American Airlines Goes After Scam Travel Agencies That Mislead Passengers
Scam travel agents create fake Google listings and take out Google ads to look like they’re the airline you’re trying to reach. They also take over old, defunct airline numbers because people will still find those listed and call. Tell Siri to call an airline? It may dial one of these scam agencies instead.
This winds up costing you big – getting charged fees for things as simple as seat assignments, getting charged to get rebooked when the airline cancels your flight. They stick unwary travelers with bills as much as $1,000 or more unnecessarily.
American Airlines is suing the consolidator that enables these scam agencies. (Skift)
American Airlines has sued airline ticket consolidator U.S.A. Gateway — which does business as GTT Travel — alleging that GTT duped travelers into thinking they were booking direct with American, and then gouged them with exorbitant fares and fees.
GTT has a contract with American and, it says, also “United, Delta, Lufthansa, Emirates and around 50 other global airlines” for wholesale rates, and earns volume sales incentives. It generates volume by partnering with sketchy agencies, according to American’s complaint, and it charges “$20 commission per booking, and it may collect an additional 3% of the total booking.” It also gets a cut of any scam fees the sub-agencies collect, it seems. For instance, “a GTT sub-agent charged a flyer $1,500 for what should have been an airfare of around $1,000, and GTT allegedly helped its travel agency partner “hide the additional $500 charge.””
According to American Airlines,
GTT and its sub-agents have been engaging in extremely deceptive practices solely to profit GTT and at a cost to travelers. GTT is overcharging and hiding charges from customers and engaging in prohibited ticketing practices. Such actions are harmful and unfair to consumers, misrepresent American Airlines, and violate numerous clauses of GTT’s contracts with our airline.
Apparently the agency fails to monitor the activities of its sub-agencies, and refuses to share their details with American despite a contractual obligation to do so.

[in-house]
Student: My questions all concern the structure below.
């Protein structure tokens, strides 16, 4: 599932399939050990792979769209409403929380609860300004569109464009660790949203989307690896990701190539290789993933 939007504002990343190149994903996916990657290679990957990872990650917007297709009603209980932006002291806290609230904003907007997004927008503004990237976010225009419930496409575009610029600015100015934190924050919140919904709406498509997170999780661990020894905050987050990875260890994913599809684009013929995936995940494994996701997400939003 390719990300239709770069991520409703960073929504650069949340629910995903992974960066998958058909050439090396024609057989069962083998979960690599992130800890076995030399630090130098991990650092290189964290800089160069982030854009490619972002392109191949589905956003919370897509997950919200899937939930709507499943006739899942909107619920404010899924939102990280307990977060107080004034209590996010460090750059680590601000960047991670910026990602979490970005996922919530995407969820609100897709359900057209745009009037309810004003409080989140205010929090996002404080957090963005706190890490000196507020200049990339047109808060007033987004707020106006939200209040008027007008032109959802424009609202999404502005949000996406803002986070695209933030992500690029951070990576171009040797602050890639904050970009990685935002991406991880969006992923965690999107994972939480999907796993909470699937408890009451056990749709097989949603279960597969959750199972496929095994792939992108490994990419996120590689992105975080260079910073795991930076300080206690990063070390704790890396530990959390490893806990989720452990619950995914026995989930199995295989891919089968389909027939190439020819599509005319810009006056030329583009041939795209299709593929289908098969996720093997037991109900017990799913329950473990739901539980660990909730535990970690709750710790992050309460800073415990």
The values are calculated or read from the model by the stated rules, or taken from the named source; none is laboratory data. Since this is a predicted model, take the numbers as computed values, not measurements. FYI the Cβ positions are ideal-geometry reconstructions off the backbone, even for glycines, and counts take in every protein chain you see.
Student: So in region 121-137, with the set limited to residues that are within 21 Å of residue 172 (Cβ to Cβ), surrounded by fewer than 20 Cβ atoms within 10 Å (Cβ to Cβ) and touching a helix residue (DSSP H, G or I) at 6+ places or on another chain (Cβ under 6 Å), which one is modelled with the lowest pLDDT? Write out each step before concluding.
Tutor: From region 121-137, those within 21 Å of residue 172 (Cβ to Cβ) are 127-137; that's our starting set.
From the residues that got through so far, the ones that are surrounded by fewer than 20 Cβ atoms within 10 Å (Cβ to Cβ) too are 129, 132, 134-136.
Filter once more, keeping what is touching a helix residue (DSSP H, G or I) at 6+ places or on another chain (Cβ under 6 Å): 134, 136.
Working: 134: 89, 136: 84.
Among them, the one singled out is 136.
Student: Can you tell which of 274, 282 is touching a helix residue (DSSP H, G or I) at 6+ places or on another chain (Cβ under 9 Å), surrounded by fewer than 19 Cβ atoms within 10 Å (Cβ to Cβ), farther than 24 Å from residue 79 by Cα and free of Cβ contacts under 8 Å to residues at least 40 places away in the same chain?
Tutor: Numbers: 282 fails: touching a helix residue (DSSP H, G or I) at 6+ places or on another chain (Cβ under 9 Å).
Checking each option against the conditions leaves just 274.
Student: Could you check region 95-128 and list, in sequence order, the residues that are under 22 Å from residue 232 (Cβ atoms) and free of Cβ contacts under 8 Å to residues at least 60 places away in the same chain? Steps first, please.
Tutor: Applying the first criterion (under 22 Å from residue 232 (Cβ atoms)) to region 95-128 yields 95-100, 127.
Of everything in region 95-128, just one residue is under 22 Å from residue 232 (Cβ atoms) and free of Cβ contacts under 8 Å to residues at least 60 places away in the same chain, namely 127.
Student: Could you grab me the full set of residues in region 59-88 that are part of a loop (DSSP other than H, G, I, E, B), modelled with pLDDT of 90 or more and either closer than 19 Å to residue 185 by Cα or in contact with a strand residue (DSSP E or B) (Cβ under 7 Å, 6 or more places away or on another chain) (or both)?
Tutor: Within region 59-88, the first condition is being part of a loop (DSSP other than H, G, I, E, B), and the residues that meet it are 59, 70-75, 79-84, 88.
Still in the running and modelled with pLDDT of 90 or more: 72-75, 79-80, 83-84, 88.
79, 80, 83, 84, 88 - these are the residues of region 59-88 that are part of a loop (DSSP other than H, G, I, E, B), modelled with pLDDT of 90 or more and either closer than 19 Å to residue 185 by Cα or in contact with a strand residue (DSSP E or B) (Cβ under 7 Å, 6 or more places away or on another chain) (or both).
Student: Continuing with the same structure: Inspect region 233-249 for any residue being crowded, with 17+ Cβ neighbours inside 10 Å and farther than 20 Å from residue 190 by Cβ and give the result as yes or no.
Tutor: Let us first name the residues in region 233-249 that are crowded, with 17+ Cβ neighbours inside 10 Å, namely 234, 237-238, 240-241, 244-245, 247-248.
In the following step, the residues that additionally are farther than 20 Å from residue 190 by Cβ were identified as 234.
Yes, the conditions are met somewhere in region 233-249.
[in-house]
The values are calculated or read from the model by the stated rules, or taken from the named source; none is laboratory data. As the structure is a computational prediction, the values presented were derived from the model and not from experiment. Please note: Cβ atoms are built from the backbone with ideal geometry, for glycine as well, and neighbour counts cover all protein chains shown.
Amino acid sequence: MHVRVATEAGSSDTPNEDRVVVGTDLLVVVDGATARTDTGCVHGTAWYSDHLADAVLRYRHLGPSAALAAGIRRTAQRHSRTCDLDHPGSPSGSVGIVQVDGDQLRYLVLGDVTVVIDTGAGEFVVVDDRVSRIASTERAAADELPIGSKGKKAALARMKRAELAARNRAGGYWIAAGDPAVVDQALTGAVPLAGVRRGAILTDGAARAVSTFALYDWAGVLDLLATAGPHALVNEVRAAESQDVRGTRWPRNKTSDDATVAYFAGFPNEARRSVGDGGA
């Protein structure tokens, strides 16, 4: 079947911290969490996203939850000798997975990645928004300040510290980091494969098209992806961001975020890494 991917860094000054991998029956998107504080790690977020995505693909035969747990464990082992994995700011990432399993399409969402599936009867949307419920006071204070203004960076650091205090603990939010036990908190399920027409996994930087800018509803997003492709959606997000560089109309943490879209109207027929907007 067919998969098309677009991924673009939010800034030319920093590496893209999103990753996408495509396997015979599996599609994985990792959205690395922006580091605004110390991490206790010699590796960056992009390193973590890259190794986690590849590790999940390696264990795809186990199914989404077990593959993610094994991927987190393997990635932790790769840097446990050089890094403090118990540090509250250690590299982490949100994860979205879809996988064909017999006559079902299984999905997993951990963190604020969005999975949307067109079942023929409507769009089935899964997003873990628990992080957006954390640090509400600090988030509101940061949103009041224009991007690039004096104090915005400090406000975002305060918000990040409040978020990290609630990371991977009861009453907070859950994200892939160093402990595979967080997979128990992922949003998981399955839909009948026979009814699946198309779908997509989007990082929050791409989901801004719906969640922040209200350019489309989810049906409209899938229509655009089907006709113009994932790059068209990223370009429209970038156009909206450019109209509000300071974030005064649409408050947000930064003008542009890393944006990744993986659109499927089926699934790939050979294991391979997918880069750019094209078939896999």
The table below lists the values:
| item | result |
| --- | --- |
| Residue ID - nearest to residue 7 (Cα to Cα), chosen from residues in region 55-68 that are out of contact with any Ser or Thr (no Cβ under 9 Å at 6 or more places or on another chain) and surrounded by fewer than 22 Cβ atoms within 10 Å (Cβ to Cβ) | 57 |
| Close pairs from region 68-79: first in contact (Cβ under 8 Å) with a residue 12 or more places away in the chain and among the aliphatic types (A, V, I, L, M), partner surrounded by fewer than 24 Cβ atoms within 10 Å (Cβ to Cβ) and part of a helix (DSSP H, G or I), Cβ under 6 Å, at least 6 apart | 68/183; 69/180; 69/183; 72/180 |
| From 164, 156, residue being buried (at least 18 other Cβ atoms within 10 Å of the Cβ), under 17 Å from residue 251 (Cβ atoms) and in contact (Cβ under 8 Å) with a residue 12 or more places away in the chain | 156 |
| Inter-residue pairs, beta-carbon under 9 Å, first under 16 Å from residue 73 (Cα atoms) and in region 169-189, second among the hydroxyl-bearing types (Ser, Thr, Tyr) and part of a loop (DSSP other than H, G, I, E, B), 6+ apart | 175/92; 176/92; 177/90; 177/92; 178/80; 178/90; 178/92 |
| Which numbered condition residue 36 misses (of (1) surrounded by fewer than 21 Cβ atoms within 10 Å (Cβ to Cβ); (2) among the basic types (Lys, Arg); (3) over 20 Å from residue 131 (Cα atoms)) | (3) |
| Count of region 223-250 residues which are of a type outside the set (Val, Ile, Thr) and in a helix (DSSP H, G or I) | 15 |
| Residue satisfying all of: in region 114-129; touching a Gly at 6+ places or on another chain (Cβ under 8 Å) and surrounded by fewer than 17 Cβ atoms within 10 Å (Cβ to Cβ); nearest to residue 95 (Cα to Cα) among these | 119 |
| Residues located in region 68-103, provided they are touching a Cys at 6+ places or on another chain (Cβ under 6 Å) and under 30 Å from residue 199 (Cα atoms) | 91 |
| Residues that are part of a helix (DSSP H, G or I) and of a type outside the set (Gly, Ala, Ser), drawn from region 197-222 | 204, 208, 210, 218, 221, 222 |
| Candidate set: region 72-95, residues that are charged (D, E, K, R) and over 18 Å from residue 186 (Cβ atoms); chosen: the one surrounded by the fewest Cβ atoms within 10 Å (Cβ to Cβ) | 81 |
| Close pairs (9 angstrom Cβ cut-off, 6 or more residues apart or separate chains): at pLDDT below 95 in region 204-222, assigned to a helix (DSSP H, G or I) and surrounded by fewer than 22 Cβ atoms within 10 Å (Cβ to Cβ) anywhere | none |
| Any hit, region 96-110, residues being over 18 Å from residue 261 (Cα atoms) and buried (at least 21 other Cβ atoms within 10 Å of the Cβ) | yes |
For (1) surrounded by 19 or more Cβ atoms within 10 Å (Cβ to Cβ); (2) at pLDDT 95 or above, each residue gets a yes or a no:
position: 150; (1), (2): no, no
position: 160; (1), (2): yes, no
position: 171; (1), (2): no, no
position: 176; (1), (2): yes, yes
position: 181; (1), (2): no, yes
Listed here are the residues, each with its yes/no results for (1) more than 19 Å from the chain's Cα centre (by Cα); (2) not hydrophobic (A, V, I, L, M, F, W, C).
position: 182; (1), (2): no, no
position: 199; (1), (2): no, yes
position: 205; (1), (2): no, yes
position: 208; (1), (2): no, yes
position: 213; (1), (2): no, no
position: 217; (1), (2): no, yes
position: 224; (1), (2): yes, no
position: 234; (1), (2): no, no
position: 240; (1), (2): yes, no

And while American goes after teens who buy throwaway tickets and agencies who sell them, this lawsuit alleges that scam agencies book throwaways and don’t tell the traveler.
- Say a passenger wants to fly from Jacksonville to Charlotte
- The agency might book Jacksonville – Charlotte – New York LaGuardia for a cheaper price
- And (1) not tell the customer, (2) charge the full Jacksonville – Charlotte price, and (3) pocket the difference.
Recently, American says, GTT booked 20 passengers to fly Dallas to Shanghai on American with an onward connection to Hong Kong. 17 of those passengers were on throwaway bookings, where GTT kept the savings by booking the Hong Kong connection and didn’t tell the passengers. In another example a customer was billed a “tax fee” of $400 (this does not exist!) on top of a $1,086 ticket. GTT failed to stop it, but had an obligation to do so according to the airline.
Customers who think they’re reaching American get redirected and then fleeced. American loses money (for instance due to throwaway ticketing and also paying out commissions) and consumers lose money (by getting stuck with scam fees). Oh, and customers are apparently being charged “wheelchair fees” by the agencies.
I am not often sympathetic to airline lawsuits seeking to enforce their ticketing agreements. But this one seems like a no brainer. In fact, hopefully other airlines will pile on and it will clean up the scams that Google has become a party to, where consumers trust the search engine to direct them to the company they’re trying to reach so are even more trusting when ringing up the scam agency that pretends to be the airline.
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